Iago artist of Villainy

Topics: Othello, Iago, Desdemona Pages: 4 (804 words) Published: May 4, 2015
John Vandercliff
Dr. Lou Ethel Roliston
WRT-201-088WB
30 March 2015
There are many evil characters through out plays, but only one is an artist of villainy that character is Iago from “Othello” written by William Shakespeare. Iago is an artist of villainy first because he does not care about anyone and will use him or her for his gain. Also he is a mastermind of an evil plain that has everyone fooled. Lastly Iago is an artist of villainy because he can betray and cheat those closest to him without blinking an eye.

Iago is an artist of villainy because he is the definition of evil and you are shown this from the very beginning of the play. In beginning of the play Iago and Rodrigo are going to Brabantio who is Desdemona’s father to tell him that she is to marry Othello. When Barbantio is informed of this he is furious and runs to confront Othello. When confronted by Barbantio, Othello greets him with Iago by his side. So Iago went out of his way to try and cause trouble for his general for no reason shows that Iago is not as trustworthy as Othello believes him to be. Also through the play Iago is addressed as “Honest Iago”(Othello act 1), but Iago says, “I am not what I am”(Othello act 1). This statement by Iago basically says that he is not who he appears to be. After this problem with Othello marrying Desdemona is solved Iago begins to plot how he is going to bring Othello out of power and take Cassio's lieutenant position. As Iago speaks of his plan it is like he is painting an evil masterpiece for all to fear because Iagos acts out these plans with such precision. For Iago’s plan to succeed he has to pull a lot of things together he starts with convincing Rodrigo that he can win Desdemona over and to chase after her to Cyprus. This shows how Iago is able to manipulate people to get them to do his bidding, which is one characteristic of an artist of villainy. When all the characters arrive in Cyprus Iago begins to spin his next web of lies and traps for...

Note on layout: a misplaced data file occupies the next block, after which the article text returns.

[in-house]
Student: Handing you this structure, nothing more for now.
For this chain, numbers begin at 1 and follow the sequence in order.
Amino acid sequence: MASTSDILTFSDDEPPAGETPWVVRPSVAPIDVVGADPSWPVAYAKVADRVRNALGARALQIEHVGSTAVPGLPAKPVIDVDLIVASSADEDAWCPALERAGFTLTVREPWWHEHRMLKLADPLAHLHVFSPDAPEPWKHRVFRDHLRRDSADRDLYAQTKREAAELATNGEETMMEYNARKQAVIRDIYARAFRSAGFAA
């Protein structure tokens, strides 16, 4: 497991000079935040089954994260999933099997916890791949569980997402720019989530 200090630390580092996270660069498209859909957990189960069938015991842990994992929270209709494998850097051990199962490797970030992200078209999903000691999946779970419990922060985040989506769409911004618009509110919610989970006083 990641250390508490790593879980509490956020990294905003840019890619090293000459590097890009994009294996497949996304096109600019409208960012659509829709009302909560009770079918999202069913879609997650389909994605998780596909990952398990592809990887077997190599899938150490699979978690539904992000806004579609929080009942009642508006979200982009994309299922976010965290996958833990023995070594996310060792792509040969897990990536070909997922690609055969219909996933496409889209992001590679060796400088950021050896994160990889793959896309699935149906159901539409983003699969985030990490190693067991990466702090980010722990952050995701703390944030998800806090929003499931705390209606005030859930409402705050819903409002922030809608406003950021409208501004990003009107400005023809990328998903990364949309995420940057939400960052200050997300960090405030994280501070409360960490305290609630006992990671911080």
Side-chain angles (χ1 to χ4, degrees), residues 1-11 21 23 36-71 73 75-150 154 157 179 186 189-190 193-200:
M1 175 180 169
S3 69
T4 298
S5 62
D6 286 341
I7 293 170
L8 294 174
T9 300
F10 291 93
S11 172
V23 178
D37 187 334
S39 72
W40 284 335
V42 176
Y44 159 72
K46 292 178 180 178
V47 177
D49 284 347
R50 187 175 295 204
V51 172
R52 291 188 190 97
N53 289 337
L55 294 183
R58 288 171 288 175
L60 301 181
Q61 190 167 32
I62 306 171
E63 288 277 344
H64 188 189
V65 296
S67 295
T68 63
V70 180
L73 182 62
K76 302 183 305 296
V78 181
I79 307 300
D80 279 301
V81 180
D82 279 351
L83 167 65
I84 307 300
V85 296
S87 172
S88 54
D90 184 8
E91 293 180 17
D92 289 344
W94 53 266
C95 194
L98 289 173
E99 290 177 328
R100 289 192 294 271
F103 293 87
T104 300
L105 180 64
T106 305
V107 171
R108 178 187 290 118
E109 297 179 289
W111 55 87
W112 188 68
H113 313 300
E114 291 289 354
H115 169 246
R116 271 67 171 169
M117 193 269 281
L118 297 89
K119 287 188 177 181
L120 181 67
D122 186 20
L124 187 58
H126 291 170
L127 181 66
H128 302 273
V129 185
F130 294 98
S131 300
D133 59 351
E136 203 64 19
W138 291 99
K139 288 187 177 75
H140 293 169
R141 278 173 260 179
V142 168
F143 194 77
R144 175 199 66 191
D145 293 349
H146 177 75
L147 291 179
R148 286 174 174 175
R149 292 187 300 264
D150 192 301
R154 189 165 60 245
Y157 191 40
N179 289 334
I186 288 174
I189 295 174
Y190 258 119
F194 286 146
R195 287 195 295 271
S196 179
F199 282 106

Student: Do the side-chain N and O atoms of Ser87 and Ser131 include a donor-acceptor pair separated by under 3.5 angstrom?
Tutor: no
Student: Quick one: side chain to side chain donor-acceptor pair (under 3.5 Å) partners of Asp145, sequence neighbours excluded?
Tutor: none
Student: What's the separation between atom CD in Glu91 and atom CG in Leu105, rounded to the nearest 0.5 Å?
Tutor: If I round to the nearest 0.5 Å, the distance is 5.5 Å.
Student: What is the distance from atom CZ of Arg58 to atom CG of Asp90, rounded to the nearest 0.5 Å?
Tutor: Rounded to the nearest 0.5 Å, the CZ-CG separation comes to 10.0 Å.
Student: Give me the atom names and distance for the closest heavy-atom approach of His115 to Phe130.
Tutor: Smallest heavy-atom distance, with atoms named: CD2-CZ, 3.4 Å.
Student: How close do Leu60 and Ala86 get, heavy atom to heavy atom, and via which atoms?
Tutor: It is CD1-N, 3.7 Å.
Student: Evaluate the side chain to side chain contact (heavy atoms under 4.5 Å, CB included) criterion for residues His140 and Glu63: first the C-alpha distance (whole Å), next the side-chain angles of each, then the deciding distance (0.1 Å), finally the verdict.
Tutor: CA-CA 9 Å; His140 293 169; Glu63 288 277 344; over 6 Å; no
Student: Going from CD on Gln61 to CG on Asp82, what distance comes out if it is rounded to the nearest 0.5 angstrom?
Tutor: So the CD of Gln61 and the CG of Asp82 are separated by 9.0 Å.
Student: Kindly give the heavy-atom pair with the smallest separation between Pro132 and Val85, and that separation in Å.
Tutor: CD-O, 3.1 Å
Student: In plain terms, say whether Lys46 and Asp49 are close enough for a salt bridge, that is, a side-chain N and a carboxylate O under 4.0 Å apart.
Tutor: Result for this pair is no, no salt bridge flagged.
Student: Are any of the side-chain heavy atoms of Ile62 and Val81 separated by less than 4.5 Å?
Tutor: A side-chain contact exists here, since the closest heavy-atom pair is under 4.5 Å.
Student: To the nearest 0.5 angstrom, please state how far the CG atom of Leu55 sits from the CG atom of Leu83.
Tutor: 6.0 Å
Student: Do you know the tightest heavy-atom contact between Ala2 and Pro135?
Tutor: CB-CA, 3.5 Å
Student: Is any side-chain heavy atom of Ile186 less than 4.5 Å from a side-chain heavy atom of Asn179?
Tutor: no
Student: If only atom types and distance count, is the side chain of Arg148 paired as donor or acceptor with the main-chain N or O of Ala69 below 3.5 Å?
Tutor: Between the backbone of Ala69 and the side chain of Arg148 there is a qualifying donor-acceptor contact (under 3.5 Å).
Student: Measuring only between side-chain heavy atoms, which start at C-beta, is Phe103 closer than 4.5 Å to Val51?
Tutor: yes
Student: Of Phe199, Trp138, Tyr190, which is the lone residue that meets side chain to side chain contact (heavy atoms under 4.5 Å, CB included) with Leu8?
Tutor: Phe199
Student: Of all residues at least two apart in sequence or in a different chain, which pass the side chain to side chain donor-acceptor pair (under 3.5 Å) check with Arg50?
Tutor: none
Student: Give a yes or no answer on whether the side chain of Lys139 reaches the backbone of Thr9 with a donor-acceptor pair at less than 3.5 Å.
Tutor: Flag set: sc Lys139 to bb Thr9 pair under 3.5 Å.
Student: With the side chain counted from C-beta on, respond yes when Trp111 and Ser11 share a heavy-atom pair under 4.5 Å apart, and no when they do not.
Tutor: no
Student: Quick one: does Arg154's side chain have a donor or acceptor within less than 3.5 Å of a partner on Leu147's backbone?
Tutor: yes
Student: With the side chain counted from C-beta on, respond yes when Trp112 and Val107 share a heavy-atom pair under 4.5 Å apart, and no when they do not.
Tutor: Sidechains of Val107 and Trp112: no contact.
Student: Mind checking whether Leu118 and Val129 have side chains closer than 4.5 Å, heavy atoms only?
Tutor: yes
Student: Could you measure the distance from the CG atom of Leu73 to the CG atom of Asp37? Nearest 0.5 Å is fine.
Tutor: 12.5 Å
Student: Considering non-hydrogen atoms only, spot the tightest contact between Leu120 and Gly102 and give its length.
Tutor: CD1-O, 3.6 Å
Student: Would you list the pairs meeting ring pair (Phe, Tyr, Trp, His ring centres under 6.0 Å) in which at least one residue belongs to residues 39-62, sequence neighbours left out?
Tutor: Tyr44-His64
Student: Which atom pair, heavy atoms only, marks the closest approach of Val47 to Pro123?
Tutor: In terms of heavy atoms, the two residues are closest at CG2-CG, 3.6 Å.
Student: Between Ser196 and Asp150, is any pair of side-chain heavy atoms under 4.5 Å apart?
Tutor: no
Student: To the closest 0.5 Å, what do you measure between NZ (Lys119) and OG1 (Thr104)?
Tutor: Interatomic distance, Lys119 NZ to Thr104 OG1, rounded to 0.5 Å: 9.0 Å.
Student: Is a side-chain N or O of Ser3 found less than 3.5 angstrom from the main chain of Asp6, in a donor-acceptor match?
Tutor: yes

Cited: "Othello: Entire Play." Othello: Entire Play. Web. 30 Mar. 2015. .
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